to my obsevations better than the dip-tank.
I will make some test parts to proove or debunk my asserion.

I am going to cut two identical faces and weld
coupling nuts on the backs. Hand tin both and
set up with a .060" gap. Then apply Babbitt and let it
"fill" and cool naturally.
Attach eye-bolts and see what it take to part the joint.

SO.
The bond (as in tinning or silver-solder).......
It's not welding, it's what, a happy mariage of molecules
of two metals that love each other? WHAT?
If it's done right, I say texturing is the wrong direction.
Thanks........
Waiting for education..... eagerly.
Viking
Reply
06-13-2010, 12:24 PM, (This post was last modified: 06-13-2010, 12:26 PM by Viking.)
#5
RE: "Old Masters" of Babbitt and Babbitting
A search of the archives turned up a thread on bond strenght.
Spray-arc was being considered.

While I'm still trying to understand the priciples of "the bond"
at all, this reminds me of field-work questions about
how to apply Babbitt out of position. Or say right up to the joint
on a lower shell or even over-head.

In the 70's I thought I remembered a welder that used TIG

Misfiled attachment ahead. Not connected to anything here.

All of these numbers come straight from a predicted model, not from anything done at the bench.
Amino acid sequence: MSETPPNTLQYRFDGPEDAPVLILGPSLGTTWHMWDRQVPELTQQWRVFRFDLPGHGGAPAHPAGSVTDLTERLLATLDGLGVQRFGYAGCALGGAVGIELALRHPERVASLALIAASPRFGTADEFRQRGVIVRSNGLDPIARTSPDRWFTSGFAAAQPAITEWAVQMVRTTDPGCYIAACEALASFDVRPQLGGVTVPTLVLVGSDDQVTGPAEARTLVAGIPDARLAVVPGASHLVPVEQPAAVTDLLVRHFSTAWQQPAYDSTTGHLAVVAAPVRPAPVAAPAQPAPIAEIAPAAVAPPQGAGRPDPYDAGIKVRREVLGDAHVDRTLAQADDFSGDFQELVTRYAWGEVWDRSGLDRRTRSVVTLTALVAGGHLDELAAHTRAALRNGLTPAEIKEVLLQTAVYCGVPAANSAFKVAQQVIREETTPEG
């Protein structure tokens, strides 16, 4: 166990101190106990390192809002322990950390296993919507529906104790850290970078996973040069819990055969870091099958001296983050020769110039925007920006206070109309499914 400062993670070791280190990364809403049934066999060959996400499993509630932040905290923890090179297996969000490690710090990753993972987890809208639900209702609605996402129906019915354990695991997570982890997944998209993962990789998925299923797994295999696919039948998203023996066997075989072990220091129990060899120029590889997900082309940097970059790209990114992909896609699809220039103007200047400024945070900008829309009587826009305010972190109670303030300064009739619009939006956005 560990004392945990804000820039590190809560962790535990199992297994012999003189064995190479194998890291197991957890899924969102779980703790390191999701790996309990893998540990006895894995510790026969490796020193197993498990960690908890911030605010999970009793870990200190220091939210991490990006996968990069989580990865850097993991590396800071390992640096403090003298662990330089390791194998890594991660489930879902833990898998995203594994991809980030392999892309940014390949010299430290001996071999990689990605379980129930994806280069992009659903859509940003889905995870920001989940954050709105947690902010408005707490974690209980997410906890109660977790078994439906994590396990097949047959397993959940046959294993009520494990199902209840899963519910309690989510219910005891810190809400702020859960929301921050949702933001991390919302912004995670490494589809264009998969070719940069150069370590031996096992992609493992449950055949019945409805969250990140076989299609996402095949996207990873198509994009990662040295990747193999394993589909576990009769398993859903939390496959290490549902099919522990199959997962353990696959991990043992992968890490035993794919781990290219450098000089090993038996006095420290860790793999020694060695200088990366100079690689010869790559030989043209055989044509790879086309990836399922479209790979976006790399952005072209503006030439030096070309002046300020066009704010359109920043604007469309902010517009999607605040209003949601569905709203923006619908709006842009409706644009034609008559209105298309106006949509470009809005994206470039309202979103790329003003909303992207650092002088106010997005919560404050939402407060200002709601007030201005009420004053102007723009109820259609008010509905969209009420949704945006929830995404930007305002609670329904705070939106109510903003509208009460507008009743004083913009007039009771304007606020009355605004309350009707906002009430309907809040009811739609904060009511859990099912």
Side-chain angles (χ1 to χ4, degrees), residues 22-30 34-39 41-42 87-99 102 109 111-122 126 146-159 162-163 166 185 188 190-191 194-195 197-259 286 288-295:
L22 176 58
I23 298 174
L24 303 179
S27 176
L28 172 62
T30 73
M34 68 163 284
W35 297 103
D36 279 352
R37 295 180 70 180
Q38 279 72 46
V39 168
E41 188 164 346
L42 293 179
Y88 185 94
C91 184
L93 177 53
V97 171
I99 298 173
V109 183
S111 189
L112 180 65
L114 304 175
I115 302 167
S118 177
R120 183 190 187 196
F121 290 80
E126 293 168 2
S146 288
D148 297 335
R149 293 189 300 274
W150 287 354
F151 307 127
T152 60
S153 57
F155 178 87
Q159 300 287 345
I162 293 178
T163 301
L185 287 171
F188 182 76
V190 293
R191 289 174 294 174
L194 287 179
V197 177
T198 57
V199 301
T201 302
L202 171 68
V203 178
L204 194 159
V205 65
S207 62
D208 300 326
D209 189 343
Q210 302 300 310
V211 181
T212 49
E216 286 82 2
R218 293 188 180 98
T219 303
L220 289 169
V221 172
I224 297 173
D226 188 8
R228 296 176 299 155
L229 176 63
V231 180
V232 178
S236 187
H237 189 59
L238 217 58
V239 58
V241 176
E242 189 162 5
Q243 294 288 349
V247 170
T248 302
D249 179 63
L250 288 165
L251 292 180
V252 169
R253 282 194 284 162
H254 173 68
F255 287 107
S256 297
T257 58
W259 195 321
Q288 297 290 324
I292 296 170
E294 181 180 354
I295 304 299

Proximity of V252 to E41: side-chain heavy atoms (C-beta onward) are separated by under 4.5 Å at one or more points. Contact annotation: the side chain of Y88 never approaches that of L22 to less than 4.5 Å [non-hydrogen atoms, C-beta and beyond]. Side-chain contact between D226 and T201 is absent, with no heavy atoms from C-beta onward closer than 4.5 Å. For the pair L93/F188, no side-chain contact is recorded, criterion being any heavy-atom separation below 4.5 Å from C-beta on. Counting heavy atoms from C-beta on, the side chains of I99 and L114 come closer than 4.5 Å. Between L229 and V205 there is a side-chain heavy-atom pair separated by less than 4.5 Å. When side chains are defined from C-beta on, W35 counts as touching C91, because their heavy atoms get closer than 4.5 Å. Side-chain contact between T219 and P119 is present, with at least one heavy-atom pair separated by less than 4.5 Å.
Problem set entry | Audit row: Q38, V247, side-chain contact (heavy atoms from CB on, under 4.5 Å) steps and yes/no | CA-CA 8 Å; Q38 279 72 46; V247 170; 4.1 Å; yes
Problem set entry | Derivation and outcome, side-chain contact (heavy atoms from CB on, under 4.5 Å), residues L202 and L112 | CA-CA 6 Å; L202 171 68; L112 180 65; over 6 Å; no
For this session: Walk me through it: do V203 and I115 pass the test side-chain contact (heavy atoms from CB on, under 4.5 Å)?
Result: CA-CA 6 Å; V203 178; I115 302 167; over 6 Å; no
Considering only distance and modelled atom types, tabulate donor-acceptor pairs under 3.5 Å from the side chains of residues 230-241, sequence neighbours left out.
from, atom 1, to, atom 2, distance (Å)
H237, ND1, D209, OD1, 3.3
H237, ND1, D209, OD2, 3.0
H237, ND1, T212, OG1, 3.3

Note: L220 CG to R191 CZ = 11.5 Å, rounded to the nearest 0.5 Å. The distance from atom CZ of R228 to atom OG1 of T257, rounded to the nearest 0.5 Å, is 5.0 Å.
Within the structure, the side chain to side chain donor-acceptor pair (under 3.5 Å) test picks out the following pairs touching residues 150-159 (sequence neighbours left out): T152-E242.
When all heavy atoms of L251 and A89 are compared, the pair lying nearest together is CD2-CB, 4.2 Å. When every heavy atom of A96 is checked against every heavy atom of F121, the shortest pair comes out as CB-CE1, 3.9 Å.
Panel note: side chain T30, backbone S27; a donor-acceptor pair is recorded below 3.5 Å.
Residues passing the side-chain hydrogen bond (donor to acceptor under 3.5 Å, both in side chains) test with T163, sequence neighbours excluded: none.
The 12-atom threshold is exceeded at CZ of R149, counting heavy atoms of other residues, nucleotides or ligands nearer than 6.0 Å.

for babbitting. ( I think we just still called it all Heli-Arc back then).
But this is when we were all just nubes.
So I asked a friend that still works at the power-plant.
He verified it.
I did some basic attempts and had astounding controll!!
This was before any of the recent training.

TIG used to have to be on wheels starting at about 550 lbs.
And topping just under 1000 lbs.

Now you can tote top-O-the-line tig like a cary-on suit-case.
Bet some high bond-strength babbitting can be done in the field
with all you need in a tool-box.
Of couse some of the chemicals and solutions would need
to be contained properly. And a small argon tank would
need to be available.
Viking.
Reply
06-15-2010, 07:42 PM,
#6
RE: "Old Masters" of Babbitt and Babbitting
I have had some good success recently spraying babbitt with an HVAF gun. The bond strength is high, and the productivity rate is also high. Contact me off-line to discuss further.